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We had the pleasure of interviewing Luke Spiller of The Struts over Zoom video!
The third full-length from British rock band The Struts, Strange Days came to life over the course of a charmed and frenzied burst of creativity last spring. After getting tested for COVID-19, singer Luke Spiller, guitarist Adam Slack, bassist Jed Elliott, and drummer Gethin Davies all moved into the Los Angeles home of Jon Levine, a producer who worked extensively on their acclaimed sophomore effort YOUNG & DANGEROUS (including the album’s chart-climbing lead single “Body Talks”). Within just ten days of couch-crashing at Levine’s house, The Struts had laid down nine original tracks and one masterful cover of a KISS B-side: a lean, mean body of work that amounts to their most glorious output to date.
In an organic turn of events for a band massively embraced by some of rock-and-roll history’s greatest icons—a feat that’s included opening for The Rolling Stones, The Who, and Guns N’ Roses—Strange Days finds The Struts joining forces with a formidable lineup of guest musicians: Def Leppard’s Joe Elliott and Phil Collen, Albert Hammond Jr. of The Strokes, Tom Morello, and Robbie Williams. Mixed by Claudius Mittendorfer (Panic! At the Disco, Arctic Monkeys, Johnny Marr), the result is a powerhouse album that lifts The Struts’ glammed-up breed of modern rock to entirely new and wildly thrilling heights.
Despite its prescient title, “Strange Days” took shape from a voice memo Spiller recorded on the band’s tour bus way back in summer 2019. Fused with a cabaret-inspired interlude Spiller had recently dreamed up, the song ultimately evolved into the perfect vessel for the frontman’s force-of-nature voice: a tenderhearted epic that offers incredible solace in the most chaotic of times.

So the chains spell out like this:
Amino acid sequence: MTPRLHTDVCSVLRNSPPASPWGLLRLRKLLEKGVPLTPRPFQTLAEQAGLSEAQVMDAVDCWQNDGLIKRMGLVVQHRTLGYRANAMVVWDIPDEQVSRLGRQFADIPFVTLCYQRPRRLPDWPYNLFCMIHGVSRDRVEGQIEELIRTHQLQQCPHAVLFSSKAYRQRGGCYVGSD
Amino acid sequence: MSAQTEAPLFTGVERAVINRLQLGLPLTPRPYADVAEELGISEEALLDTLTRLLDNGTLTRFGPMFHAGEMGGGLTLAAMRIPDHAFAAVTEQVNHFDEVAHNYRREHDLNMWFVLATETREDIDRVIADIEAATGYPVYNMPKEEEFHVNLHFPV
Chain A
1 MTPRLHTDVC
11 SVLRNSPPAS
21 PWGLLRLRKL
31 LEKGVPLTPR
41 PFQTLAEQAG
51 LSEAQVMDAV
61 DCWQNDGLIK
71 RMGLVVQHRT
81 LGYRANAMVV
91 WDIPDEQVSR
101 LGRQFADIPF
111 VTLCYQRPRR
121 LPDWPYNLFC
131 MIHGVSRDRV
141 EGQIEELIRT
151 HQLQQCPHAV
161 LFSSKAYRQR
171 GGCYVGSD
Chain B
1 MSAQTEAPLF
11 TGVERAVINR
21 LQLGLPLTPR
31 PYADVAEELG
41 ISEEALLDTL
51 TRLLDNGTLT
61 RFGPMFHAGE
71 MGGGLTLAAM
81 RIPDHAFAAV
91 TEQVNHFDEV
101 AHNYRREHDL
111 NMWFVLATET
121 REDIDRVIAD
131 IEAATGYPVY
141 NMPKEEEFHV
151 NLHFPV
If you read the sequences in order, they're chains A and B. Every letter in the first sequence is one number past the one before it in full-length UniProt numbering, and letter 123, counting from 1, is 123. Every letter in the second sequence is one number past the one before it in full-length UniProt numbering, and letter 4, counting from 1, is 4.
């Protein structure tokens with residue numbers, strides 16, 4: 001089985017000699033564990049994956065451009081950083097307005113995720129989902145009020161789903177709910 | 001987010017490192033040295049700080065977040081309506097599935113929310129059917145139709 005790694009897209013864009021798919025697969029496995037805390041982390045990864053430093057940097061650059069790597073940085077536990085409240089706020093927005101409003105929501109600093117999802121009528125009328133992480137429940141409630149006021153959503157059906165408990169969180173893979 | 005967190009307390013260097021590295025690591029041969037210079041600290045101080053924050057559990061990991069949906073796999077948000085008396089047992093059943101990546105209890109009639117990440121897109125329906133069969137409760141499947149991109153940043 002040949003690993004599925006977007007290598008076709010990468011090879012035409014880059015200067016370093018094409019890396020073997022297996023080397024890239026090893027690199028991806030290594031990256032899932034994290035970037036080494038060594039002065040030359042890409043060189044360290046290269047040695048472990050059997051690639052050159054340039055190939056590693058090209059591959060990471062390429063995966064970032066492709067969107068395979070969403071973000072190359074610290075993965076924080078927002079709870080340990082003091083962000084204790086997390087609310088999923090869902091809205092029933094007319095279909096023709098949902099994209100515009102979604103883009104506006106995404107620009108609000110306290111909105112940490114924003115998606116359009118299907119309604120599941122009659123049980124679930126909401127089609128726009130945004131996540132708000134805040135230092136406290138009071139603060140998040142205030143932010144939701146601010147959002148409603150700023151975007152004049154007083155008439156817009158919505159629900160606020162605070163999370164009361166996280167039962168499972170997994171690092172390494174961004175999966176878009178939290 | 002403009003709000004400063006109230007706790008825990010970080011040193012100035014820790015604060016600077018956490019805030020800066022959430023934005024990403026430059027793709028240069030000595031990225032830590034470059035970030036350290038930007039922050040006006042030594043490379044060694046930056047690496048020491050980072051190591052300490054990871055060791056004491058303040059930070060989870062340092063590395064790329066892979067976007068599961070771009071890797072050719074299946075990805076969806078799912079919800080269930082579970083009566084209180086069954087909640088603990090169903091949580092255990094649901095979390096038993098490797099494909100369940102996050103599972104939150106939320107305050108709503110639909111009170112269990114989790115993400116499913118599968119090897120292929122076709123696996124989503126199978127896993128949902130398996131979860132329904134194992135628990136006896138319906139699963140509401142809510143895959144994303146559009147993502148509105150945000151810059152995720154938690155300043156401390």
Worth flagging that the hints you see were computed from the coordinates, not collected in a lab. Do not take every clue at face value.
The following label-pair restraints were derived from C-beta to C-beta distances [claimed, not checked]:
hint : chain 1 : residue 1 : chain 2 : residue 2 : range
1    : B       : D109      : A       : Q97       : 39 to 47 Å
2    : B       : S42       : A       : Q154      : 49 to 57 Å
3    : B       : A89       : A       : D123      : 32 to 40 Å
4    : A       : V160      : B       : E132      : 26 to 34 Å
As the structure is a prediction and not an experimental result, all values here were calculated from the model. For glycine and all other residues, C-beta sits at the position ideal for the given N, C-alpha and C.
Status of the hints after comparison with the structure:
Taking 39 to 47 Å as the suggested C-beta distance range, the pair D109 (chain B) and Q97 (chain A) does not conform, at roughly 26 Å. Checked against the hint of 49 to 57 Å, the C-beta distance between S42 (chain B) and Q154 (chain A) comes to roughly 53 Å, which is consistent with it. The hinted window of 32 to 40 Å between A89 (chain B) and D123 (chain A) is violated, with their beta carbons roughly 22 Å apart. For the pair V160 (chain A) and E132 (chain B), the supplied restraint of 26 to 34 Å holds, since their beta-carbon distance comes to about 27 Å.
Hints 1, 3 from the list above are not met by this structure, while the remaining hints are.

As Spiller reveals, the making of Strange Days was a period of joyful productivity. “Every day I’d wake up at about 7 a.m., get three venti Americanos delivered to the house, go out to the backyard and smoke a couple of spliffs, and listen to the voice memos I’d recorded at the sessions the day before,” he recalls. “After the first four days or so we hit a bit of a wall, so we decided to get some beers in and just stay in the pool all day—and the day after that we knocked out three whole songs.” Throughout Strange Days, that kinetic energy manifests in the album’s unbridled spirit, an element that makes every track exhilarating. “I think because we’d wanted to make an album this way for years, all that excitement and hunger led to an immediate sort of magic once we started working on it,” says Spiller. “It was undoubtedly a magical ten days for us—and I hope when people hear the album, it gives them a taste of that magic too.”
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